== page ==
Miami-basedOrion Real Estate Grouppaid $9.6 million last week to expand its commercial footprint in Dr. Phillips, buying the ground-floor retail segment of a prominent apartment building right next to a mixed-use property it already owns.
Located at 7341 W. Sand Lake Road, this ground-floor commercial condominium unit features 17,500 square feet of retail at The Rialto apartments, which were owned and developed by Wood Partners.
The sale closed on Feb. 1 and was recorded Wednesday in Orange County.
Orion also owns the Phase 1 Rialto office building (105,275 SF) and retail center on 7.74 acres directly to the east at 7335 Sand Lake, where its Orlando leasing office is based and tenants include local law firm Dan Newlin & Partners.
"Investing more in Orlando is a good thing for us," senior vice president Norman Buhrmaster told GrowthSpotter. "When we bought Phase 1 in early 2014, this Phase 2 building and its apartments had not started construction. We had a good relationship with Wood Partners, and continually had our eyes on the retail portion of Phase 2 ... as a logical expansion of our investment."
Orion successfully leased up its Phase 1 office building from 50 percent occupancy in 2014 to full occupancy today. Its new Phase 2 retail segment was fully leased at acquisition last week.
The buyer modified an existing mortgage with Midfirst Bank from 2014 to borrow an additional $6.5 million for the retail purchase.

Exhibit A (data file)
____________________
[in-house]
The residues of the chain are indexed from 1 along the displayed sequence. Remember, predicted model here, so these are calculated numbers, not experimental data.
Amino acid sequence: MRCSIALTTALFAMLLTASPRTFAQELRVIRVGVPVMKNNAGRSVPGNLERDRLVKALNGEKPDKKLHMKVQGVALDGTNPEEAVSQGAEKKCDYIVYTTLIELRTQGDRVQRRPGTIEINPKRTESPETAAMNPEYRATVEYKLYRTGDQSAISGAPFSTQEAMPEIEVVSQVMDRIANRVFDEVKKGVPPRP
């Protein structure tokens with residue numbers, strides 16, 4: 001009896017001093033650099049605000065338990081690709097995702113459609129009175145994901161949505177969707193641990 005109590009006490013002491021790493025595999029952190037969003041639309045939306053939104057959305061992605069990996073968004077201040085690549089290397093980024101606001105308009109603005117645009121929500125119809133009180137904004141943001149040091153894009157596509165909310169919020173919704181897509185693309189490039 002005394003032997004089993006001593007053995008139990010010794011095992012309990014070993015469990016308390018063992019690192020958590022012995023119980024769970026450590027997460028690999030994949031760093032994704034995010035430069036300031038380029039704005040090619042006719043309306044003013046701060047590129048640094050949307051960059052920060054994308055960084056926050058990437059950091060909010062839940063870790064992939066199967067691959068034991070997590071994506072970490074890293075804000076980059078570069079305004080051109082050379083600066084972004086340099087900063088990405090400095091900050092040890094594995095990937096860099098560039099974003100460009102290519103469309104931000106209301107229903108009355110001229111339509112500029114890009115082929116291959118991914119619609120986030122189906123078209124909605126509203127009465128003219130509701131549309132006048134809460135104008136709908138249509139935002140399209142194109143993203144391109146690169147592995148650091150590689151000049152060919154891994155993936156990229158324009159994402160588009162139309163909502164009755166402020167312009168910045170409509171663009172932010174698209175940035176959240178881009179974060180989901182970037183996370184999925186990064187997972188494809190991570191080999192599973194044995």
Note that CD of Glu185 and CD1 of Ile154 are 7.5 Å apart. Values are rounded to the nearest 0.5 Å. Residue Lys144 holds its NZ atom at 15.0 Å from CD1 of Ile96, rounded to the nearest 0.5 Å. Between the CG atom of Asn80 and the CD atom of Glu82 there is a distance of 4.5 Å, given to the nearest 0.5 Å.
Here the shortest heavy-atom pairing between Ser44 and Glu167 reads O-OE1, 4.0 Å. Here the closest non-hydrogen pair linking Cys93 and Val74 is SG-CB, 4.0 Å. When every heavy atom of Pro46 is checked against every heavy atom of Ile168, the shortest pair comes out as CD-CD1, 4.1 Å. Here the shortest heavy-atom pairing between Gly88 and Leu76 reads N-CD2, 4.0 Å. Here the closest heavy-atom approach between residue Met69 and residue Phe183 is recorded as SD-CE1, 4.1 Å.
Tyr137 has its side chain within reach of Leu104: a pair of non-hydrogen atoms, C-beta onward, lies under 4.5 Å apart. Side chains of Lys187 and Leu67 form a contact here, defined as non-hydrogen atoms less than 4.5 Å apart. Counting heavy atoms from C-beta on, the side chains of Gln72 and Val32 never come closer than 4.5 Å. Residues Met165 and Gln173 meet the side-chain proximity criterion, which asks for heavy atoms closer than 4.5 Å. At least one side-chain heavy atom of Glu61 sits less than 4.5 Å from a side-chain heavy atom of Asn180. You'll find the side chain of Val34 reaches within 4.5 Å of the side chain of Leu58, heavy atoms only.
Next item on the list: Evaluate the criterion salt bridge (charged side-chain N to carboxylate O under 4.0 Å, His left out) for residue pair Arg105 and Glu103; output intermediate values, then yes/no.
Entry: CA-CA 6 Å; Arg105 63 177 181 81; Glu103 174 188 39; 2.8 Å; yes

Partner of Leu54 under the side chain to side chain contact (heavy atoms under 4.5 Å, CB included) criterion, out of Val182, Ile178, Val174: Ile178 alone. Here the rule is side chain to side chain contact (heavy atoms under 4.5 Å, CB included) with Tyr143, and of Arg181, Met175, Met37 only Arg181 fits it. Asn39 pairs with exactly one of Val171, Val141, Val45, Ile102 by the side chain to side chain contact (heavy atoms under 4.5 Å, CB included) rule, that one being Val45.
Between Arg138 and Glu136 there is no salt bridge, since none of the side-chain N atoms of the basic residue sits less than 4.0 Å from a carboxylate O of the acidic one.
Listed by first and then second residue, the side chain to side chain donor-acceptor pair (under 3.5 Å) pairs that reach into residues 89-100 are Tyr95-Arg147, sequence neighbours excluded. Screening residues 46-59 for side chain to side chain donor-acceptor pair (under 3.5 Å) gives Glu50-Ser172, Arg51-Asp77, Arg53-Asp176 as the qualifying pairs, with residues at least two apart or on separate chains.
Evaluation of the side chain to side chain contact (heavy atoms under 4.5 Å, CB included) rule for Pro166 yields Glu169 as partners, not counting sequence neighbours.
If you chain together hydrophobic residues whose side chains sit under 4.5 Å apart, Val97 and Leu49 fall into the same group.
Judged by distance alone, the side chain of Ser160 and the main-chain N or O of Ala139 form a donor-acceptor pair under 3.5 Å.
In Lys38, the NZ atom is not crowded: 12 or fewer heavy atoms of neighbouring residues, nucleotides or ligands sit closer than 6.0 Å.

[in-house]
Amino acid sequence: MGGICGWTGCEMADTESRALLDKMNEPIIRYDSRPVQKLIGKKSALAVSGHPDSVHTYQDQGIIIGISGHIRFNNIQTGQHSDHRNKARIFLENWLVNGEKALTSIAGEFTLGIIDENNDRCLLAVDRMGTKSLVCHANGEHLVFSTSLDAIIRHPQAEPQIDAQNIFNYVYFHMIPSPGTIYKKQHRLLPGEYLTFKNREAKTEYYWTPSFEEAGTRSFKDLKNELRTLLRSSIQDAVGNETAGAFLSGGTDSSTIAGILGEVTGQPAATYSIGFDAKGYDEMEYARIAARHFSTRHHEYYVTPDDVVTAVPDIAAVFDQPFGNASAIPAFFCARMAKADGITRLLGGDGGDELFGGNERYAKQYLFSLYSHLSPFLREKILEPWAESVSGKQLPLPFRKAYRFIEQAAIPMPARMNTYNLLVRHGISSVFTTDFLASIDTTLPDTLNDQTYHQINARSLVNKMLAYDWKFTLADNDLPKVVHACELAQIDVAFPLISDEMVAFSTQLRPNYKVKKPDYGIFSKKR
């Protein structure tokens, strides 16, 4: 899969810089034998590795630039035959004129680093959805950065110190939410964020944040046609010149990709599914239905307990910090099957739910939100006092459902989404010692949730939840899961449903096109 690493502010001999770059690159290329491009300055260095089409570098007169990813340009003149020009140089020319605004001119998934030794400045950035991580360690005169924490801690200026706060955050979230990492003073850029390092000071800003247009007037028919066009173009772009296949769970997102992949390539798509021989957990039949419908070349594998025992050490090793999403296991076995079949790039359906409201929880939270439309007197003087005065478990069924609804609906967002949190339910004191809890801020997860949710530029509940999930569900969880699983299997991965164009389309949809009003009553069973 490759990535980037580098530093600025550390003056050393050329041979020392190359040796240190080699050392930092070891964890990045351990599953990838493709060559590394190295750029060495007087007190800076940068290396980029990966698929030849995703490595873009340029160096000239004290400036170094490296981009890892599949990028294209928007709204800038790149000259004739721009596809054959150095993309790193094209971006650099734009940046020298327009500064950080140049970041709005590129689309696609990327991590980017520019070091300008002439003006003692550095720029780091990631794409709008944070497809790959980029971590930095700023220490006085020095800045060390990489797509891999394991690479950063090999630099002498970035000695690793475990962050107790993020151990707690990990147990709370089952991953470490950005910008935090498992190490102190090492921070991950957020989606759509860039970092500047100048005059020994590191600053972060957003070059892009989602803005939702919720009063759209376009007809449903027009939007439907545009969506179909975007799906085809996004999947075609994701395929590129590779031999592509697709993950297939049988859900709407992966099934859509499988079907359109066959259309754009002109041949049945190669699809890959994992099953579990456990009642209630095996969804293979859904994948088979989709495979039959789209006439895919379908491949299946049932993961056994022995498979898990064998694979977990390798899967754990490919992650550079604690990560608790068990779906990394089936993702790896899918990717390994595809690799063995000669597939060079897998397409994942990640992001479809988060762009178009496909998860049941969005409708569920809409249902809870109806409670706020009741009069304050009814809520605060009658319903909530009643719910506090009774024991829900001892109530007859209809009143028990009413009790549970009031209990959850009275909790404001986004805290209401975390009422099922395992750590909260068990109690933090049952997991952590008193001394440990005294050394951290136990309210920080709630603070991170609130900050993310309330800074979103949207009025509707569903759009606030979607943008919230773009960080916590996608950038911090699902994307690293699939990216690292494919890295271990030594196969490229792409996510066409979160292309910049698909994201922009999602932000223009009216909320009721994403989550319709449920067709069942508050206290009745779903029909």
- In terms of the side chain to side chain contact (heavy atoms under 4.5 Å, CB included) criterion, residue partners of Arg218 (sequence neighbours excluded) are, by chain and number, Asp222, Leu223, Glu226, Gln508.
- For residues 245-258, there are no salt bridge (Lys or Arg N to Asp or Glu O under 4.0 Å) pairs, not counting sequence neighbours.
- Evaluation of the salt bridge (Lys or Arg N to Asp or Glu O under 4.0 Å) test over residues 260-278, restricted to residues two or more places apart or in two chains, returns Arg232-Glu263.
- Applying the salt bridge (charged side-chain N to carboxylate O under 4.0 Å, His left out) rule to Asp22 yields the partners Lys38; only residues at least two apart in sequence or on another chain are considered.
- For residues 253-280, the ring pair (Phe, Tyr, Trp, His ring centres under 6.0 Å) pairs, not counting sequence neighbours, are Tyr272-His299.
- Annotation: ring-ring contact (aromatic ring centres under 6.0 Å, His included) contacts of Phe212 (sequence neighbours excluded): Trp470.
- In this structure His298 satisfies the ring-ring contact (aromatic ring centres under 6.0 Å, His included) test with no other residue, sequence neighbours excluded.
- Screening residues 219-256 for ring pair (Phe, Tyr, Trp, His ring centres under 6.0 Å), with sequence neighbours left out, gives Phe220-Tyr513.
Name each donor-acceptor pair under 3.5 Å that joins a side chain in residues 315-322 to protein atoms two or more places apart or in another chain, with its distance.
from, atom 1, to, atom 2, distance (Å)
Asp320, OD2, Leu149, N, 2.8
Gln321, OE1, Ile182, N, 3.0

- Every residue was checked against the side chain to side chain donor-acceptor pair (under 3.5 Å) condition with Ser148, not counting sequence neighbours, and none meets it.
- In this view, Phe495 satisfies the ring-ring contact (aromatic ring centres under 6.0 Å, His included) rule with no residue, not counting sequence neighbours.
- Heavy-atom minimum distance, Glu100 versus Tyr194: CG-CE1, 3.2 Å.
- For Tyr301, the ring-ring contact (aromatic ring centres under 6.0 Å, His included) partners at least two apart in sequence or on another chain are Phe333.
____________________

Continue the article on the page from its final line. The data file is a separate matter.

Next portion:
The seller was an affiliate of Boston-based The Wilder Companies, which previously paid more than $1.46 million for the retail condo segment in December 2014.
Orion owns and/or manages more than 300 properties across the United States, of which six are in Greater Orlando.
The company is actively pursuing more in this market in 2018, Buhrmaster said. Orion favors value-add, multi-tenant retail and office properties where it can increase occupancy, or position raw land through permitting for new development. It has also bought large portfolios in the past year of single-tenant, NNN-leased retail assets in the southeast.
The company's most recent repositioning project in Orlando was a closed Winn Dixie building and property it bought in mid-2016. It demolished the store, subdivided the 2.34 acres into three parcels, and brought in O'Reilly Auto Parts, Wawa and Crunch Fitness for lot sales or leases last year.